“Bay of Biscay”

Author: Andrew Cherry (1762-1812) (source: Bodleian notes to broadside Harding B 25(903); also John Bartlett,_Familiar Quotations_, 15th ed (1980))
Earliest date: before 1825 (broadside, Bodleian Harding B 28(73))
Keywords: rescue sea ship storm wreck


A ship is wrecked at night in a storm in the Bay of Biscay. At daybreak "a sail in sight appears" and the crew is rescued.


The tune was at least well enough known to be used for a parody (Bodleian, Harding B 16(198c), "Paddy's Wake" ("Loud howl'd each Irish mourner")) and, years later, another wreck broadside (Bodleian, Harding B 14(335), "Wreck of the ship Reform, commanded by commodore Russell" ("Loud roared the dreadful thunder")). - BS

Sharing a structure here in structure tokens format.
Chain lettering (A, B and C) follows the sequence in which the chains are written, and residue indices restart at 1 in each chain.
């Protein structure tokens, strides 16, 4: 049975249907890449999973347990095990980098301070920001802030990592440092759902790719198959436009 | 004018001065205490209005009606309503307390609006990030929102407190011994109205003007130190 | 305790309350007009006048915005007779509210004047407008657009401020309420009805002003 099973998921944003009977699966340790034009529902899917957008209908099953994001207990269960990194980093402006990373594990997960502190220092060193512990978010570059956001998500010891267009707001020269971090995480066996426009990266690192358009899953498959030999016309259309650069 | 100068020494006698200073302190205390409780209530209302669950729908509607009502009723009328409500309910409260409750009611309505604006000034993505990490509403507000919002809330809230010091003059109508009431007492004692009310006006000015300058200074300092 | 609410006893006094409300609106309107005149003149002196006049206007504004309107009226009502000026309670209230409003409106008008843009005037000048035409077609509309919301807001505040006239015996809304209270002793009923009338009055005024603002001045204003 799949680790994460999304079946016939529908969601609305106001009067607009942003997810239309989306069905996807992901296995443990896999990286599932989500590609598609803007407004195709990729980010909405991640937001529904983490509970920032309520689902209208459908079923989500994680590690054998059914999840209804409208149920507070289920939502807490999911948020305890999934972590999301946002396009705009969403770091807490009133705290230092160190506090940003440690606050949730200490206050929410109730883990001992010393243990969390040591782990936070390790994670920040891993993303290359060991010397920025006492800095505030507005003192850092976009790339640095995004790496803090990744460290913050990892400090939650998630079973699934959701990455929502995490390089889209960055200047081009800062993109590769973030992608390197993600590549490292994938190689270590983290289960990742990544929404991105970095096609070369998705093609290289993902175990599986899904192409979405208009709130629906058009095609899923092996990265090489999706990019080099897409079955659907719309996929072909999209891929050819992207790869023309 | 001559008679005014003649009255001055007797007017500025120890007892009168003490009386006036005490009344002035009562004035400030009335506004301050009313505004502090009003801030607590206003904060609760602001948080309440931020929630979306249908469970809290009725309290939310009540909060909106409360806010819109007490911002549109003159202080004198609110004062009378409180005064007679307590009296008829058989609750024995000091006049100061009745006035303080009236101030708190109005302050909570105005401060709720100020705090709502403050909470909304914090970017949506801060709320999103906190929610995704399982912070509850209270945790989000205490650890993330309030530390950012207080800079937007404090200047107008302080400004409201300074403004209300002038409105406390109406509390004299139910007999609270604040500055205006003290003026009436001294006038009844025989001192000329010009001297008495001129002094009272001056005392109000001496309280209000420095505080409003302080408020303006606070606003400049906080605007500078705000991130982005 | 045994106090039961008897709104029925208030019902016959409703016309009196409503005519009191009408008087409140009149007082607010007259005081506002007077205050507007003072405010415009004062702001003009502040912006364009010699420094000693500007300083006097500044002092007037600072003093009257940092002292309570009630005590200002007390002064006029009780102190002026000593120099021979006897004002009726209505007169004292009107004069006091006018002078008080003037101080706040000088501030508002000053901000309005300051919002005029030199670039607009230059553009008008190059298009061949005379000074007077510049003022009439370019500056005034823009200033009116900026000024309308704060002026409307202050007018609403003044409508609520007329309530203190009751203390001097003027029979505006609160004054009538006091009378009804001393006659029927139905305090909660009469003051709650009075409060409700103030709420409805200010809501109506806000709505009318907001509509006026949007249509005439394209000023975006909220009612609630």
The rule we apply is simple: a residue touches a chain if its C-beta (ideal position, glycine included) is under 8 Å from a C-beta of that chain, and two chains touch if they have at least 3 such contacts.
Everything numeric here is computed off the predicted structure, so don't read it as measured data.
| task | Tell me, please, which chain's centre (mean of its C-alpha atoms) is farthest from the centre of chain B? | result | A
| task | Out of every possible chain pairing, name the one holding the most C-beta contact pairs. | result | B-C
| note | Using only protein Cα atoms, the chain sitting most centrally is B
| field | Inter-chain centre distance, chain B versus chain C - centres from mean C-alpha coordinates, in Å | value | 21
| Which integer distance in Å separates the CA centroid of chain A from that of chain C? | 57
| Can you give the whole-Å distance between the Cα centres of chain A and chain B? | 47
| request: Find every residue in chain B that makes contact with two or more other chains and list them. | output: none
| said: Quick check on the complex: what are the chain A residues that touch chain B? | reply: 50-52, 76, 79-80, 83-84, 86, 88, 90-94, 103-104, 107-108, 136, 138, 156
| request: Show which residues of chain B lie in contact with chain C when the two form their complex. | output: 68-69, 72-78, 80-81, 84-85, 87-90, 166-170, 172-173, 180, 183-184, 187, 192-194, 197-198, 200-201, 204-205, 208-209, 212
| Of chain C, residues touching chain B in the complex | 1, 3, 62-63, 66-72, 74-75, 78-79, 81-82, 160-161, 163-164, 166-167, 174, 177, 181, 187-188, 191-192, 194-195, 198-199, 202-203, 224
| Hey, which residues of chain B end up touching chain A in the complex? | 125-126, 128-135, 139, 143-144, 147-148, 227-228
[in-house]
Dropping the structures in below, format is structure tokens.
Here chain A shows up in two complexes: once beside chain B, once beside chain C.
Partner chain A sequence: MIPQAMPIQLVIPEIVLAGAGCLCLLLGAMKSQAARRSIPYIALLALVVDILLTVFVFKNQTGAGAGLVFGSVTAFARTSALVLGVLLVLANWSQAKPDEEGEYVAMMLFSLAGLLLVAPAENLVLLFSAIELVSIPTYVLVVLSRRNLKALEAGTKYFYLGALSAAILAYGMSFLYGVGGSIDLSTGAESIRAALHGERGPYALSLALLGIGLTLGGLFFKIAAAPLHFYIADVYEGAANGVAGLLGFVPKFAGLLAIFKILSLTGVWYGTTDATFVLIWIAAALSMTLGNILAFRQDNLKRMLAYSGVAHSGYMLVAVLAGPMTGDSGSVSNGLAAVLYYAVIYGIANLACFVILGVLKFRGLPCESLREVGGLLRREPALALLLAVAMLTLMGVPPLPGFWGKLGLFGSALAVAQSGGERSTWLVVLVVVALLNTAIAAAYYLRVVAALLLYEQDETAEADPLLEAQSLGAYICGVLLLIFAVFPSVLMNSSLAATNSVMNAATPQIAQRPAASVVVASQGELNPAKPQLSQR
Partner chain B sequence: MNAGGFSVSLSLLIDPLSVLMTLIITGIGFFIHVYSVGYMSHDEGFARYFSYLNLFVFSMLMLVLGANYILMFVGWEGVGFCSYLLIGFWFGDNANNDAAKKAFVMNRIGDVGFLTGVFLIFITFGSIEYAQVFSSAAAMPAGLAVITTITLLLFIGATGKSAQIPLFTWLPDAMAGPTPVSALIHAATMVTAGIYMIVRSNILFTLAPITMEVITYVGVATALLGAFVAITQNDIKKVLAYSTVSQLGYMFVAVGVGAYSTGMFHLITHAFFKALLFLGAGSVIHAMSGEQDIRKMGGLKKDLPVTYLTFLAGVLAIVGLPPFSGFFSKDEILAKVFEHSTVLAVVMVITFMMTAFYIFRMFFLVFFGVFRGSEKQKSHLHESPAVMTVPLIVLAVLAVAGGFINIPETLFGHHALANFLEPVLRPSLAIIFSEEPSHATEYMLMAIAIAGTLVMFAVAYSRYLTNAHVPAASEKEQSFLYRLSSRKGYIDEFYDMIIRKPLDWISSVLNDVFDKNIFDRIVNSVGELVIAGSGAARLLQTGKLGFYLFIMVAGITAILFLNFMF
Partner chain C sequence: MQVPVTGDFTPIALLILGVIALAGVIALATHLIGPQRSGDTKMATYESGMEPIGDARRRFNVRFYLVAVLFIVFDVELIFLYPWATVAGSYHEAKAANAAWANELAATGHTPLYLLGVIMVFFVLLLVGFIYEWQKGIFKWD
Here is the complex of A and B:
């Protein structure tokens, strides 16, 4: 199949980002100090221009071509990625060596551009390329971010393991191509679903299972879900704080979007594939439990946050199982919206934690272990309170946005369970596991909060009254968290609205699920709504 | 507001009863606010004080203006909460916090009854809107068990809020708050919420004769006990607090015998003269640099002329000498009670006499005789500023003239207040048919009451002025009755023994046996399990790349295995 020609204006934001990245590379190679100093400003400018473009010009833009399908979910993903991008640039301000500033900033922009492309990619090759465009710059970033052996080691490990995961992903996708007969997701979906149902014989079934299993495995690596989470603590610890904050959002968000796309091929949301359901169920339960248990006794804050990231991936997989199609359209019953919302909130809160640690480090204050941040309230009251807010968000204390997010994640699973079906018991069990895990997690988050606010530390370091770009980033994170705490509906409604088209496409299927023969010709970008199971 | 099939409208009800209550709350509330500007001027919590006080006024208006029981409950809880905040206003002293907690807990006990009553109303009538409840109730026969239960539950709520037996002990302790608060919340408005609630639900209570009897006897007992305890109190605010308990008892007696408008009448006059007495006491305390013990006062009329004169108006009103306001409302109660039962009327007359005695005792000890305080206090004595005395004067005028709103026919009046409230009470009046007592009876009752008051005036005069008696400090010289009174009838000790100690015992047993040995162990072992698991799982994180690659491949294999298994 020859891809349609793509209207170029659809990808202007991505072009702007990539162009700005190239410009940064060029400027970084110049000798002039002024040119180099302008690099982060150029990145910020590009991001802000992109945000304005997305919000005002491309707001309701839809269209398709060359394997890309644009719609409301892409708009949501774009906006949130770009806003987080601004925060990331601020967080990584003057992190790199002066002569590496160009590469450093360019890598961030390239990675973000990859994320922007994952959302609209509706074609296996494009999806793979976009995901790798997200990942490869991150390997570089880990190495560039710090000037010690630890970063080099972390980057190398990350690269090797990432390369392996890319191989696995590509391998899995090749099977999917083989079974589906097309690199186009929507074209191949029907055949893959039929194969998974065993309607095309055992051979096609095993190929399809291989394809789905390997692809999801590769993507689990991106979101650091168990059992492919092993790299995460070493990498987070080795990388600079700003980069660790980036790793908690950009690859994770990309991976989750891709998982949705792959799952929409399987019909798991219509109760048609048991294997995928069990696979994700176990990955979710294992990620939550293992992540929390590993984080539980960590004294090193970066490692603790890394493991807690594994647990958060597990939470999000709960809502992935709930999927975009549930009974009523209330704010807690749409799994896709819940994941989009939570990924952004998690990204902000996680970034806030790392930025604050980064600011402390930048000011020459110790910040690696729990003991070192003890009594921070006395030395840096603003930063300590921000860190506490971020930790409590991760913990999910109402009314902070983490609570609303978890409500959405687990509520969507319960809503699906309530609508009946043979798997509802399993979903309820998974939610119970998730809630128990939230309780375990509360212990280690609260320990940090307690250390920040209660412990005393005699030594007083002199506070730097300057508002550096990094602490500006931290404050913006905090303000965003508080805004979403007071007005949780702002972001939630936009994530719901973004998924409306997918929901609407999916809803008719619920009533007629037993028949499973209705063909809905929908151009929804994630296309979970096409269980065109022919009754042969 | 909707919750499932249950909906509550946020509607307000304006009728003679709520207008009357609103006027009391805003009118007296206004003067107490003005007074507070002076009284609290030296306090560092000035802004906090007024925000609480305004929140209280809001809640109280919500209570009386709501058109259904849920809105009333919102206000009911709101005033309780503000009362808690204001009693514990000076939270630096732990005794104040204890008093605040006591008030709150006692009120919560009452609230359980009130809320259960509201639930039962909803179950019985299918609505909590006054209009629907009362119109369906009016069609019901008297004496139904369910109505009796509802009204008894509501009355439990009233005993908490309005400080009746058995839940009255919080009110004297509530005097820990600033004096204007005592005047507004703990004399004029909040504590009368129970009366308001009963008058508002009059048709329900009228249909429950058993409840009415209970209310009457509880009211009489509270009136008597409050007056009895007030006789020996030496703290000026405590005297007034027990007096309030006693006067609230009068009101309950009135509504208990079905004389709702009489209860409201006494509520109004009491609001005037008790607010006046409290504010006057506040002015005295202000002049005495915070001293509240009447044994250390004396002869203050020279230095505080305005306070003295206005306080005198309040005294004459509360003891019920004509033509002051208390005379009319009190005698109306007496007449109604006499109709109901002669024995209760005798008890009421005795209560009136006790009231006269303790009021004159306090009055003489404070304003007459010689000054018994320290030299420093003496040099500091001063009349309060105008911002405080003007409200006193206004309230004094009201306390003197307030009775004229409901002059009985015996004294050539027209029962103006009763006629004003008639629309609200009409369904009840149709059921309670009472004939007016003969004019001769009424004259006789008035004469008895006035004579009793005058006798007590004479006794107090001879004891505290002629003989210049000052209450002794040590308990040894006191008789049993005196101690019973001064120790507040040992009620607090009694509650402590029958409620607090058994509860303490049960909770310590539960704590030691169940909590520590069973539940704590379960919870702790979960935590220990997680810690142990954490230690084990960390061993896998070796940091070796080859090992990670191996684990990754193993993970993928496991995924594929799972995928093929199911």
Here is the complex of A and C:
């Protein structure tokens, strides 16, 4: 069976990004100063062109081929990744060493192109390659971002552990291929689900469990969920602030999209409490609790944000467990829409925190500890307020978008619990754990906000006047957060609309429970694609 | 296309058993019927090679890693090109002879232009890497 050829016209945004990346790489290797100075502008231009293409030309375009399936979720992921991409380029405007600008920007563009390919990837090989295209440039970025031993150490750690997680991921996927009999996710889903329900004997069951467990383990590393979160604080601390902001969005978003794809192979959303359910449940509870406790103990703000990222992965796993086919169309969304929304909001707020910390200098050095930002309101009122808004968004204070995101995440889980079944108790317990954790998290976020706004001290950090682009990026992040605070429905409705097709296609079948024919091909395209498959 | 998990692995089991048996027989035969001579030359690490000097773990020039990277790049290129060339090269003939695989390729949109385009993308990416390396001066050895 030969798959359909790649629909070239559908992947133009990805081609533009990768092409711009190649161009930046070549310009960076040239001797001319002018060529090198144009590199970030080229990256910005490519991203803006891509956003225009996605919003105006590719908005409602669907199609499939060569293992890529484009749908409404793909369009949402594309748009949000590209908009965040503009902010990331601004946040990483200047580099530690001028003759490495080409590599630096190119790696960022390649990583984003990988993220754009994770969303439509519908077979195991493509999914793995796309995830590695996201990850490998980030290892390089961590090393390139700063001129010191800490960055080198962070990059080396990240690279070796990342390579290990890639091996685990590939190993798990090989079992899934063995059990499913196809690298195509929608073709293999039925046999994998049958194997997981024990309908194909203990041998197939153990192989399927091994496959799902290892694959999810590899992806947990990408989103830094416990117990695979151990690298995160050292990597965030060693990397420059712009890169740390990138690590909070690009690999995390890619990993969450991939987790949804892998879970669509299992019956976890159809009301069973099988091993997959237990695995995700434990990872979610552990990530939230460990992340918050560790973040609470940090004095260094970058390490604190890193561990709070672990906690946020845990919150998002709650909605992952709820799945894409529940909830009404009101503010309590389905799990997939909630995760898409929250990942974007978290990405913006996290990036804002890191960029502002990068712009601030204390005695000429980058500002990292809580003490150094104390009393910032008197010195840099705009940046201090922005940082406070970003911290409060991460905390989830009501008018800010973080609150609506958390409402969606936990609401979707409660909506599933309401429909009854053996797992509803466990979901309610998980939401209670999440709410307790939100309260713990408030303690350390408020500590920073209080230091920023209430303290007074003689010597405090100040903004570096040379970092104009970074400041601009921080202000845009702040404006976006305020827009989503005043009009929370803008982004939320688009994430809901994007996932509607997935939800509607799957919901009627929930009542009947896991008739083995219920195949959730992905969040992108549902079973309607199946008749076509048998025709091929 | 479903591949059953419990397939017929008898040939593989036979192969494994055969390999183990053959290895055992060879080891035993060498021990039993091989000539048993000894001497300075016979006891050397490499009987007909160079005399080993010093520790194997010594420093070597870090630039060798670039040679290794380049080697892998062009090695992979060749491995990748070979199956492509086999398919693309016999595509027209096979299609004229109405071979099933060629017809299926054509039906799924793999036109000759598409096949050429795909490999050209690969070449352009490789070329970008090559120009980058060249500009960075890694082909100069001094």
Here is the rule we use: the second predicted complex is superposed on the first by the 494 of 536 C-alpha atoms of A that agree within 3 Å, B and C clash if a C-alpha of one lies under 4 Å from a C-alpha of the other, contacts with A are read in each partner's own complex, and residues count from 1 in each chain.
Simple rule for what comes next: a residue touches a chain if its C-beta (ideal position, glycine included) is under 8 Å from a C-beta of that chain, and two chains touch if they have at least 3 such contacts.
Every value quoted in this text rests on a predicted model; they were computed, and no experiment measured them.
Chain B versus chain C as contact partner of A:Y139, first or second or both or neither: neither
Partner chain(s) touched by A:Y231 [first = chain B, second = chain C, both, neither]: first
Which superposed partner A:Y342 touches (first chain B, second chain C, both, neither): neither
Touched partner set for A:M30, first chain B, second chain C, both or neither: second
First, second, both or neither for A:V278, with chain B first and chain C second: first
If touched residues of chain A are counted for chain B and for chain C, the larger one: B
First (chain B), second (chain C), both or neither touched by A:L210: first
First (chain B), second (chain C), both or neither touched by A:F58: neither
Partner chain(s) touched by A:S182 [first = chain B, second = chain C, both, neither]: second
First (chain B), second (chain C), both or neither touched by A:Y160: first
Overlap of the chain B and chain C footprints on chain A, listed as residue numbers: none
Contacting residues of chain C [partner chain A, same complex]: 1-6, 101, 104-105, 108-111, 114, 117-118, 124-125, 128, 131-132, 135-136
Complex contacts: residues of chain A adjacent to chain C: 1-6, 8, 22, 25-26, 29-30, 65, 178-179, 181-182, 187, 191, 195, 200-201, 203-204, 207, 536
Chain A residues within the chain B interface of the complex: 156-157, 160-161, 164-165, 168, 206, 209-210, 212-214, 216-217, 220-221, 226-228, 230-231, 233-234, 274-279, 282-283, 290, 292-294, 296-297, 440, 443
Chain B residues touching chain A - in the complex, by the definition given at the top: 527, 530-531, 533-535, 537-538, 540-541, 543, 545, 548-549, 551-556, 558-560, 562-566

Not to be confused with "Bay of Biscay, Oh (Ye Gentlemen of England II) (The Stormy Winds Did Blow)" [Laws K3], which also involves a rescued crew but in different circumstances, nor with the song about a sailor's life, "The Bonny Bay of Biscay-O."

Andrew Cherry's other noteworthy piece iss "The Green Little Shamrock of Ireland.' - RBW